No, you won’t tame inflation with more government spending
A recent research report from the Bank of Canada makes the improbable claim (based on U.S. data) that more government spending could lower inflation, if the spending boosts aggregate supply in the economy. Certainly, the relationship between government spending and inflation can be complex, but the idea that more government spending could actually lower inflation seems far-fetched.
To start, in today’s economy where the Bank of Canada has identified aggregate demand exceeding aggregate supply as the main source of inflation, any additional government spending will fuel inflationary pressures—unless the stimulus to supply exceeds the boost to demand.
Proponents must explain exactly how such a card trick can be executed. That will be difficult since the inflation that erupted during the pandemic surprised central banks whose models of the economy’s supply side do not extend much beyond using the unemployment rate as a proxy. The supply potential of the economy changed during the pandemic more than policymakers imagined. However, according to the IMF, this was not due to global supply chain disruptions but because governments in North America paid millions of workers to stay home while Russia’s invasion of Ukraine raised energy prices.
For years, we’ve heard repeated claims that more government spending would pay for itself. Outlays for infrastructure projects were supposed to improve our capital stock, while expanding child care would boost the labour supply. More capital and labour inputs should have increased the supply side of the economy. But instead of government spending paying for itself, we’ve seen a steady erosion of per-capita GDP growth and persistent government deficits. The OECD secretariat is pessimistic about Canada’s long-term growth potential, projecting we will trail all OECD countries through 2050.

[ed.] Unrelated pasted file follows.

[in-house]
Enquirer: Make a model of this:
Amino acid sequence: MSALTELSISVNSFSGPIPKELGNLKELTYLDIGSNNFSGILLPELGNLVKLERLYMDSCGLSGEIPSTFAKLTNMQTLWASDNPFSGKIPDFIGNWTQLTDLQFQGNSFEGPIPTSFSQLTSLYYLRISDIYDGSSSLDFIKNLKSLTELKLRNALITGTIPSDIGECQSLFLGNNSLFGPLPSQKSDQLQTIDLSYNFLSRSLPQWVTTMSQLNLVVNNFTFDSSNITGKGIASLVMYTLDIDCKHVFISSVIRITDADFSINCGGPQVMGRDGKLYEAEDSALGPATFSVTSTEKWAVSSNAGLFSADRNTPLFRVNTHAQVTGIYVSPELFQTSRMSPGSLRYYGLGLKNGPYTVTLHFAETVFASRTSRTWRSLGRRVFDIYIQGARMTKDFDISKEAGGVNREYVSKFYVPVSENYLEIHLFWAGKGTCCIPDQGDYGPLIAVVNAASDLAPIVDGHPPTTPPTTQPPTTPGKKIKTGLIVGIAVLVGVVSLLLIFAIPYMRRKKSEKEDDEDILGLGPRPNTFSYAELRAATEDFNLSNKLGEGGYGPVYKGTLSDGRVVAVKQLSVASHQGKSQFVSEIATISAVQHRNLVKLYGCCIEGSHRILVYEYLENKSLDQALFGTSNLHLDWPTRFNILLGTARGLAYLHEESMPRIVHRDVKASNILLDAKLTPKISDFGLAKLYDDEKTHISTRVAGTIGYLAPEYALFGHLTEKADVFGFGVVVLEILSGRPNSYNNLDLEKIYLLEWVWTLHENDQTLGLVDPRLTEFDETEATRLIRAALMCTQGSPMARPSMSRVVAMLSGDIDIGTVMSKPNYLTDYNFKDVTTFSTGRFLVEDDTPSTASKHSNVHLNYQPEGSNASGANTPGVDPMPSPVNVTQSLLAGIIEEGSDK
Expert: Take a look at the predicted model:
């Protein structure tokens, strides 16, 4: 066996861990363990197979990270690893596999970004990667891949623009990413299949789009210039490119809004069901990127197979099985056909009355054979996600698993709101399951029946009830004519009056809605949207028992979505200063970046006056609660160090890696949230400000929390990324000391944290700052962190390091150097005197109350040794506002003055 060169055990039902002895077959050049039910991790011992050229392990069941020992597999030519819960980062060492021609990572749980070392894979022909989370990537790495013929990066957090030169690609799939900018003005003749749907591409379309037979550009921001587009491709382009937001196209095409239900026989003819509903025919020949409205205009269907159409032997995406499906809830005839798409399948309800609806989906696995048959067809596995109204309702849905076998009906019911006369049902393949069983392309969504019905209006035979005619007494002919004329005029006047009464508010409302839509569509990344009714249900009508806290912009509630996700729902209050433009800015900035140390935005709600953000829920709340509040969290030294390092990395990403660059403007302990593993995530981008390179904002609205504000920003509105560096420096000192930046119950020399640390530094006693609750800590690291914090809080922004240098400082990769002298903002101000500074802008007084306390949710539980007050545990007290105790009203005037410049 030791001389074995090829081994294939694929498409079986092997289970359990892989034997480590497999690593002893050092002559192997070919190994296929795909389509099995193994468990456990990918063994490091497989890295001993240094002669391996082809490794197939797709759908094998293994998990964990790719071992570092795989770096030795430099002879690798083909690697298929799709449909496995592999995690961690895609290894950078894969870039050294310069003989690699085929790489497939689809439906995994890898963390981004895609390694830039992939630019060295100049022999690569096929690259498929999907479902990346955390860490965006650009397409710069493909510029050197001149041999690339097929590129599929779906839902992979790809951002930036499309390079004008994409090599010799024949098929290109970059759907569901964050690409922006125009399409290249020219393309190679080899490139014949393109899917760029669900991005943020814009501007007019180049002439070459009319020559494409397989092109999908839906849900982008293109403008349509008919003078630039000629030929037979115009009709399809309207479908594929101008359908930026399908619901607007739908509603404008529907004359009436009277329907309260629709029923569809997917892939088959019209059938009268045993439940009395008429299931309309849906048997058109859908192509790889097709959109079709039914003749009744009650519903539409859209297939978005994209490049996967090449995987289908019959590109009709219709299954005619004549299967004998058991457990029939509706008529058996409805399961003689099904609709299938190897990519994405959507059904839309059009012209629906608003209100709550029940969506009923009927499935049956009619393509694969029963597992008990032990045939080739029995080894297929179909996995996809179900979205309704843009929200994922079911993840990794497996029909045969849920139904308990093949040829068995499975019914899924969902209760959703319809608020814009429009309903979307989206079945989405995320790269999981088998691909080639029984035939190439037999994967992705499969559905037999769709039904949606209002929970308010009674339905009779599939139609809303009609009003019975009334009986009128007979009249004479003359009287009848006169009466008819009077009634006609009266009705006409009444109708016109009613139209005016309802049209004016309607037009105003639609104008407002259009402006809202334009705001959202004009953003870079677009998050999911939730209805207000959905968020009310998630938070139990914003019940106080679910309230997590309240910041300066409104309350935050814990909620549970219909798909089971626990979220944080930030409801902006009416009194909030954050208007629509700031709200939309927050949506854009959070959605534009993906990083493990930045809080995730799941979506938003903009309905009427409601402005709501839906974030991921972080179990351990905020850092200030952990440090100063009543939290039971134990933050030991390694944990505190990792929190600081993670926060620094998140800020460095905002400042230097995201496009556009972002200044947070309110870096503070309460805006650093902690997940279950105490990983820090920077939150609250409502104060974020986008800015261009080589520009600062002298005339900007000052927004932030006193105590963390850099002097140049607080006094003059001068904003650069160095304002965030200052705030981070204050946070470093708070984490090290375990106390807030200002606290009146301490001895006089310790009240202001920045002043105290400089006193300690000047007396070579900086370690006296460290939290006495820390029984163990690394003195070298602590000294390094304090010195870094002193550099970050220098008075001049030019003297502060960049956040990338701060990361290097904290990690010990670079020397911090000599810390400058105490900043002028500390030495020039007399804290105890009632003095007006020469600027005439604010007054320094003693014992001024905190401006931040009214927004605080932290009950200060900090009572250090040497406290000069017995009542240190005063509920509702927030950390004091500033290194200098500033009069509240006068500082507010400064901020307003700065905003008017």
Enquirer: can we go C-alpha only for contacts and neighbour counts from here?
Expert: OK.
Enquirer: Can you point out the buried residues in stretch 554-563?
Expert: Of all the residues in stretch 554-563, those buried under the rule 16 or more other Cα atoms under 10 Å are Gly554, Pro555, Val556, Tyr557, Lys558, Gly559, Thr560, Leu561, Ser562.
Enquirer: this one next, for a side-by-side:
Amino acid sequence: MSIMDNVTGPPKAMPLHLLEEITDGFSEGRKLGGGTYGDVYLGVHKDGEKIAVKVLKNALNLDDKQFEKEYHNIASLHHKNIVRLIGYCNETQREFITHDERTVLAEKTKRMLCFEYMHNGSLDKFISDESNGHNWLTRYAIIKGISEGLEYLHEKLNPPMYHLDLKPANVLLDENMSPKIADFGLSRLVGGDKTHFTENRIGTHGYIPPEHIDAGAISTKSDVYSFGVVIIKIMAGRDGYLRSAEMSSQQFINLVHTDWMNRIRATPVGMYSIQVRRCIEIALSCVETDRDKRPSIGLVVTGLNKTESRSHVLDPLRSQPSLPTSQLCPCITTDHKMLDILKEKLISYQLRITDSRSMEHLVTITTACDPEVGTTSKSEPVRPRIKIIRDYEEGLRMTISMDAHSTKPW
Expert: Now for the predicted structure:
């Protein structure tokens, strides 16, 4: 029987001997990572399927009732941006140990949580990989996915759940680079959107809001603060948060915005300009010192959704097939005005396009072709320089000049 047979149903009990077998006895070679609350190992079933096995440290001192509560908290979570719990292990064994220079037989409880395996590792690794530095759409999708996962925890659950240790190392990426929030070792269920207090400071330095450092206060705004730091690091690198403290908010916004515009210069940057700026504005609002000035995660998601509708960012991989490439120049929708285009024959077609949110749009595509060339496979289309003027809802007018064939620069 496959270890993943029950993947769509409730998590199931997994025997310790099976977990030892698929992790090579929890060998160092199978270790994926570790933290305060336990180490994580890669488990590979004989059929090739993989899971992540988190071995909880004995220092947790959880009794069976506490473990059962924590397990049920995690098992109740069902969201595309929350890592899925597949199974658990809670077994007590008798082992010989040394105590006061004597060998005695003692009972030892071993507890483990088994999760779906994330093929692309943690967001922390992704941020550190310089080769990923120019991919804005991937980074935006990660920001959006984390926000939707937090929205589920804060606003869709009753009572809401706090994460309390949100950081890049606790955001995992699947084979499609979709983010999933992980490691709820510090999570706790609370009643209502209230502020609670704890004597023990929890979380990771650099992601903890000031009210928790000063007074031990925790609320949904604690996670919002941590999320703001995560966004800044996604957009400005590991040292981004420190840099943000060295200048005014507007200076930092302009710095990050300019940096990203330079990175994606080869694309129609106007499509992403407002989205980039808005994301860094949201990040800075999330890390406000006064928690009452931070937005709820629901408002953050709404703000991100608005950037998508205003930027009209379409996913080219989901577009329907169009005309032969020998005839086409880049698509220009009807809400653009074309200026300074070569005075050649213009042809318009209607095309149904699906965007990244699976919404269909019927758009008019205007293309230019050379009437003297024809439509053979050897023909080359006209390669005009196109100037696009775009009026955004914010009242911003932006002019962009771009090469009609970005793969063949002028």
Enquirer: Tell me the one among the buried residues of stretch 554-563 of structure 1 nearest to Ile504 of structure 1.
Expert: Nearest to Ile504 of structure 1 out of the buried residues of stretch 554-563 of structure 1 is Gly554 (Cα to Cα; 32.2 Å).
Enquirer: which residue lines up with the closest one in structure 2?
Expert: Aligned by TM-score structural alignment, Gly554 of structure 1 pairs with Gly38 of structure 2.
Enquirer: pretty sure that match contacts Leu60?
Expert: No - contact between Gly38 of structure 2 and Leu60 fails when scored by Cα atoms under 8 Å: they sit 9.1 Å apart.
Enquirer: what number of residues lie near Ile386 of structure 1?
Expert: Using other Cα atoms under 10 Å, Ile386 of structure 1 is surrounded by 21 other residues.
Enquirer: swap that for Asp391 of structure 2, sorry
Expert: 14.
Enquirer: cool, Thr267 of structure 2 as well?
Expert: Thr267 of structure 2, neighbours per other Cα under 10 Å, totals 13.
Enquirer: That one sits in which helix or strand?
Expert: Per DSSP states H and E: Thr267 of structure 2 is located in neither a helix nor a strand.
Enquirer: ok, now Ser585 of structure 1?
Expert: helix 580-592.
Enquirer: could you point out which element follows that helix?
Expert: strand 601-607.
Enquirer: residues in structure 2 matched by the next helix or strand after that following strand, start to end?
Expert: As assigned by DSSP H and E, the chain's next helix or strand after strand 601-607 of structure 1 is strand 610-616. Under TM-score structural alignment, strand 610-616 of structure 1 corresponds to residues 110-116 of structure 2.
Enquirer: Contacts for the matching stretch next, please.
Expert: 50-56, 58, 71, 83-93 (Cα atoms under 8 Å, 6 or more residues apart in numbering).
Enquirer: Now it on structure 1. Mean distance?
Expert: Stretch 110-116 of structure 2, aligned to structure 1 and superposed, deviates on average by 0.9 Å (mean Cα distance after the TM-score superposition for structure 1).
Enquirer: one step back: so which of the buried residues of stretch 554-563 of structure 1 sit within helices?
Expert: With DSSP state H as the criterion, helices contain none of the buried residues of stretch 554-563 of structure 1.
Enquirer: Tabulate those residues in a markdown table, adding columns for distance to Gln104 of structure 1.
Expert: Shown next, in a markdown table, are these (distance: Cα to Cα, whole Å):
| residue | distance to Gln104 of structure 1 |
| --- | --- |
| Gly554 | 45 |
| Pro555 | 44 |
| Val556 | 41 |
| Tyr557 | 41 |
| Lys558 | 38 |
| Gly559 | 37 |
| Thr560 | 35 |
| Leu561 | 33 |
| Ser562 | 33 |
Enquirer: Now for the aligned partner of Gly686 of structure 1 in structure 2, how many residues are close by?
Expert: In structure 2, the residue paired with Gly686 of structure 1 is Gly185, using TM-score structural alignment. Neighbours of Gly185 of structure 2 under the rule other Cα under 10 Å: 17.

Moreover, the claim that more government spending can lower inflation is based on current government spending on goods and services rather than transfers. Current government spending is the least likely way to boost supply. Why? Because while most transfers do reach their intended target (usually households), current government spending on goods and services is administered by the civil service whose sticky fingers latch on to sizeable amounts of money for programs intended to serve the public. For example, the huge increase in health-care spending that followed the recommendations of the 2002 Romanow Report did not improve the supply of health care in Canada—instead, most of the money was diverted to higher pay for government workers.
Finally, if more government spending truly helps lower inflation, then we should be mired in a 1930s-type of deflation after the orgy of government spending during the pandemic. Instead, inflation soared to its highest rate since 1988 and the Bank of Canada had to implement a surprising hike to interest rates this month as inflation remains stubbornly entrenched.
And interest rates rose sharply over the past year partly because governments have relied on monetary policy alone to fight inflation. Even Paul Volcker, legendary head of the Federal Reserve Board who’s credited with single-handedly slaying the inflation dragon in the 1980s, acknowledged that monetary policy by itself was not enough. Back then, lowering inflation required a coordinated effort to reduce regulations, which curtailed potential growth, and a commitment from President Reagan to shrink government’s footprint in the economy—two examples of how less government helped lower inflation. Today’s high inflation (and subsequent higher interest rates) will persist until monetary and fiscal policy act together to rein it in.
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